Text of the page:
Manassas Journal Messenger | HOT lanes plan on drawing boards

A team of three companies is proposing to put HOT lanes on Interstate 95 all the way down to Fredericksburg.

The proposal would convert I-95’s existing high-occupancy vehicle lanes, or HOV lanes, into high-occupancy toll lanes, or HOT lanes, wherein high-occupancy vehicles could still travel for free but solo drivers would pay to use for a price depending on congestion — thereby supplying a revenue source for the new road.

The proposal was submitted by Clark Construction Group, Shirley Contracting Co. and Koch Performance Roads Inc., according to a summary sent to area elected officials.

Company officials could not be reached late Monday.

The plan was submitted to the Virginia Department of Transportation. A VDOT spokeswoman did not return phone calls Monday night.

The proposal was submitted under Virginia’s Public-Private Transportation Act. It would in phases:

? add a third high-occupancy lane,

? link I-95 HOT lanes into HOT lanes of the Beltway that are proposed to be built by the Flour Daniel Co.

? extend the HOT lanes south to Fredericksburg

Vehicles with three or more passengers could still use the lanes for free during rush hour, but solo drivers will pay variable fees based on time of day and congestion.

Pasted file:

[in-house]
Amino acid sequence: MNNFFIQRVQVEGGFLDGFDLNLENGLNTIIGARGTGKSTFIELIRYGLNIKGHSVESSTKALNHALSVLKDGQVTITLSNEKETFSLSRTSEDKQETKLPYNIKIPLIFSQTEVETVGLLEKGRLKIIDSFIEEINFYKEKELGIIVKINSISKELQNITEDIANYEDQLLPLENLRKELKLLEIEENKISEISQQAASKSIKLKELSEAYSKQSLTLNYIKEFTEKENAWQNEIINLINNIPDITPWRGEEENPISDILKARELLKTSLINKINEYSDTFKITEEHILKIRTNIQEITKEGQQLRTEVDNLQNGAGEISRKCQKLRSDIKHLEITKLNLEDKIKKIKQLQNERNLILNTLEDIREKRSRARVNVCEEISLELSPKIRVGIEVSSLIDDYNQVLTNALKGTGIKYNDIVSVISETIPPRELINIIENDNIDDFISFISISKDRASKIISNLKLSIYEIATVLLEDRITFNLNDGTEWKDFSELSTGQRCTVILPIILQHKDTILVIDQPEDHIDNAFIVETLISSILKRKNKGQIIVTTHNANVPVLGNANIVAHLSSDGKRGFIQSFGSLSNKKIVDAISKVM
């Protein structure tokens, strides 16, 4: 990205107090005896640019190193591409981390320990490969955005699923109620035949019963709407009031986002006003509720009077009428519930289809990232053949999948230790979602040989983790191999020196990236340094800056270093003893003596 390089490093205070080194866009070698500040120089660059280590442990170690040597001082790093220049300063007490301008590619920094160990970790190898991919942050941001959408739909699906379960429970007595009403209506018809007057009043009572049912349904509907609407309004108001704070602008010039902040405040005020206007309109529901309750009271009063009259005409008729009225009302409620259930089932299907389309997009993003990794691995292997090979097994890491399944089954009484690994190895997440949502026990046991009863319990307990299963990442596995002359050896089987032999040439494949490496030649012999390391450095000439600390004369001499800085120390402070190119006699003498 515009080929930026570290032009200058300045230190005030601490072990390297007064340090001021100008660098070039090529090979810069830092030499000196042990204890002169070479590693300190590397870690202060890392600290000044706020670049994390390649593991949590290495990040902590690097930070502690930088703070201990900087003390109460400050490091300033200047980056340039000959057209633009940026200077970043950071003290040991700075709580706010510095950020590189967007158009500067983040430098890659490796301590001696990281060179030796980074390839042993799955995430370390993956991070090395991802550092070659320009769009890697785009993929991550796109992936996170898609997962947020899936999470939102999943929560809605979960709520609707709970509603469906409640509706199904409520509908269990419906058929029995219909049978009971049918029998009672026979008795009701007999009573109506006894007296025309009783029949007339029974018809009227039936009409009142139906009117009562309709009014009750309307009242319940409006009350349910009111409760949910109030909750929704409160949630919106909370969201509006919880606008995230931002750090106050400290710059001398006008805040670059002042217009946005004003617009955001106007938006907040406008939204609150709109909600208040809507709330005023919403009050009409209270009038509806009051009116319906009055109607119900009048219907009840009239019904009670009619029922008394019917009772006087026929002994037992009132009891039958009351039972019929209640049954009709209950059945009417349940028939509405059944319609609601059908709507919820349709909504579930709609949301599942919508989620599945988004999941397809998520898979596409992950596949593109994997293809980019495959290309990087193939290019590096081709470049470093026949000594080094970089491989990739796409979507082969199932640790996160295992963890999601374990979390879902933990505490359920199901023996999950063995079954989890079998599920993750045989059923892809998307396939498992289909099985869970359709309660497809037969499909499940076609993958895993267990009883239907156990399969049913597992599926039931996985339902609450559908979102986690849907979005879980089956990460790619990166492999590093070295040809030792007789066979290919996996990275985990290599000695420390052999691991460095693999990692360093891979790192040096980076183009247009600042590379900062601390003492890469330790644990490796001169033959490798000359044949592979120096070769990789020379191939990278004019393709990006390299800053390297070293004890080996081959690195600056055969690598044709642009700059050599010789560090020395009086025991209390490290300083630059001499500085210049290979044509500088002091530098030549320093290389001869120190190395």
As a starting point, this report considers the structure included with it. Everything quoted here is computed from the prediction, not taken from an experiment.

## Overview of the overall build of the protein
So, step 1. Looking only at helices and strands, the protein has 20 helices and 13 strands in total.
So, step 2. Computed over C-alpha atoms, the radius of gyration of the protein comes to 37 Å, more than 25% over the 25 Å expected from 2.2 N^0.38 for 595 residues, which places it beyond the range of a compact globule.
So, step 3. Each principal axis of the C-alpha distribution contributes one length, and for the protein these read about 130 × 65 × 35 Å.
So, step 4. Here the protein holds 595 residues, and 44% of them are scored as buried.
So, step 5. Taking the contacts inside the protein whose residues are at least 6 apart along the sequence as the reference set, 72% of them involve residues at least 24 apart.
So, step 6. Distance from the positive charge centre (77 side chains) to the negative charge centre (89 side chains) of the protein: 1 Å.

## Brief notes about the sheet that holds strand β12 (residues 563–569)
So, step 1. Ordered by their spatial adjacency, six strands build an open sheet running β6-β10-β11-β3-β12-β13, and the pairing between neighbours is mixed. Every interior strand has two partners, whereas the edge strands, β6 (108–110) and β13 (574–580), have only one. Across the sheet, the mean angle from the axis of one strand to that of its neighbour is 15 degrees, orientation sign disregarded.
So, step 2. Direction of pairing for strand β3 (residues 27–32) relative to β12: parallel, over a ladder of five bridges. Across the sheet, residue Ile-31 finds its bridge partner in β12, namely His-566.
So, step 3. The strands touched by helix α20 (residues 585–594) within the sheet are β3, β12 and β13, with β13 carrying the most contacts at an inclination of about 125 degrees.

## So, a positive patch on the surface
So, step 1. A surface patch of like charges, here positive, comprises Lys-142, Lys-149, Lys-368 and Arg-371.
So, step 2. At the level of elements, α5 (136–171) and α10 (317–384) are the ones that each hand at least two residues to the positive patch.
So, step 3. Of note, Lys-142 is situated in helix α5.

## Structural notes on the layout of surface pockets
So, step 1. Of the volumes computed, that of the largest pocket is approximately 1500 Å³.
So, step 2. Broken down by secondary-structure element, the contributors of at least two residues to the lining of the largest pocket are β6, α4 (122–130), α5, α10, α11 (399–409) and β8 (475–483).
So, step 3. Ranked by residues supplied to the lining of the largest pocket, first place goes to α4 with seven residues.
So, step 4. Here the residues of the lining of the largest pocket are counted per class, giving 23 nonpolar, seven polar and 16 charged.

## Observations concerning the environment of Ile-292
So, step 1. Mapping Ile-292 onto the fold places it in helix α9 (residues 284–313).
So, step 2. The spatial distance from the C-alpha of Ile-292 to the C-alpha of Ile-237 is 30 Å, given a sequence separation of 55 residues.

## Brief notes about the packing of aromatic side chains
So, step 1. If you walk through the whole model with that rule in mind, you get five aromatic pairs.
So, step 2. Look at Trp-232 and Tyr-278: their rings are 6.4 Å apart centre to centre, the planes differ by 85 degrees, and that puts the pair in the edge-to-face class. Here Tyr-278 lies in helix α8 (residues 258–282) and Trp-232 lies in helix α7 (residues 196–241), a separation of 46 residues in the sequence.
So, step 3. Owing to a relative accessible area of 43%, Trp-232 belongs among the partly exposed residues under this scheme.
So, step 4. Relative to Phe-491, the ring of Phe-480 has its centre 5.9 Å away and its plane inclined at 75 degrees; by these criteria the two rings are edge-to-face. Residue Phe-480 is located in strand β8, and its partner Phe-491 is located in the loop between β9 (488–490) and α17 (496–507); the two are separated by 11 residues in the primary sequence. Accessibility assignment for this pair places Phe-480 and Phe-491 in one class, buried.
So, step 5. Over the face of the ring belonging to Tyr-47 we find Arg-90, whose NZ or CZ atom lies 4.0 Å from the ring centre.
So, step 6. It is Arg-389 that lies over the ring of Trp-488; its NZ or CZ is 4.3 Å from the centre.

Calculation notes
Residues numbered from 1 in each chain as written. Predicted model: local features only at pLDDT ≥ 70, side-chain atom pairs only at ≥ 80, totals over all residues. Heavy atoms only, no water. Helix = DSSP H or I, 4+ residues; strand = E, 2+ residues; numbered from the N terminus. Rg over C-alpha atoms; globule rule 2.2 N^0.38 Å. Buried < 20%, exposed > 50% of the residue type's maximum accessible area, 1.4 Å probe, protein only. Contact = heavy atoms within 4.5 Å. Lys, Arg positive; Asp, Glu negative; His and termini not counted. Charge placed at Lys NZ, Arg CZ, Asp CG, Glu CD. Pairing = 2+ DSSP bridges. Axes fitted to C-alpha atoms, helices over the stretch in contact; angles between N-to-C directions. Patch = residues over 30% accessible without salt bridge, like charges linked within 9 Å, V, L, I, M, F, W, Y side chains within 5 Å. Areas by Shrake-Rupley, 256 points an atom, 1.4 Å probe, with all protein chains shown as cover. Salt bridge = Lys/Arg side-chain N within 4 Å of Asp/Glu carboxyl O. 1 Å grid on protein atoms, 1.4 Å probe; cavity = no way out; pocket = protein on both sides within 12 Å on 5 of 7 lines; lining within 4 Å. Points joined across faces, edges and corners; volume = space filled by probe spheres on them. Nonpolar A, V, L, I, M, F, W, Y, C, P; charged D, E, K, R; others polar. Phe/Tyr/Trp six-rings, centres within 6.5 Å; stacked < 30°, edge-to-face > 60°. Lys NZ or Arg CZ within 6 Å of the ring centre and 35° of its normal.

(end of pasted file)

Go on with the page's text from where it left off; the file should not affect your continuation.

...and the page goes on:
Capacity exists on the HOV lanes during peak rush hour times and there is no HOV connection to the Beltway from I-95, “thus reducing its effectiveness as a congestion relief method. As a result, Virginia is not realizing the full value of its investment in its HOV facilities because they carry far fewer vehicles than they could potentially handle.”

Prince William Board of Supervisors Chairman Sean T. Connaughton, R-at-large, received a summary of the Clark-Shirley-Koch proposal Monday. He said it should be looked at seriously.

“In an era of declining revenue streams, this may be the only available option to use,” Connaughton said. “One of the real positives is that it would remove that bottleneck, the backup practically every day southbound at Dumfries.”

The HOV link to Interstate 495 was cut out of the Springfield Interchange project last year to control that project’s ballooning costs toward $800 million.

The proposal goes against a plan county Democrats released a month ago that calls for companies to add a third lane to existing HOV lanes, a lane that would be dedicated to a bus-rapid transit system. The plan calls for running the rapid transit buses from the Horner Road commuter lot in Woodbridge north into Springfield and into the District of Columbia.

“HOT lanes can be considered, but should not be on existing lanes that taxpayers have already paid for once,” the Democrats’ press release stated.

“Why we’d want to tax the people twice to use HOV lanes when they’ve already been built is beyond me,” said David Brickley, Democratic candidate in the 52nd House District.

The cost and time for a third lane to Springfield would be very minimal because the HOV lanes south of the Beltway are already hardened for a third lane, he said.

Interstate 495 does not have any high-occupancy lanes, so there has been very little opposition to its HOT lane proposal. Tolls for the new Beltway lanes would range from $1 to $4.18, according to preliminary estimates in a VDOT summary.

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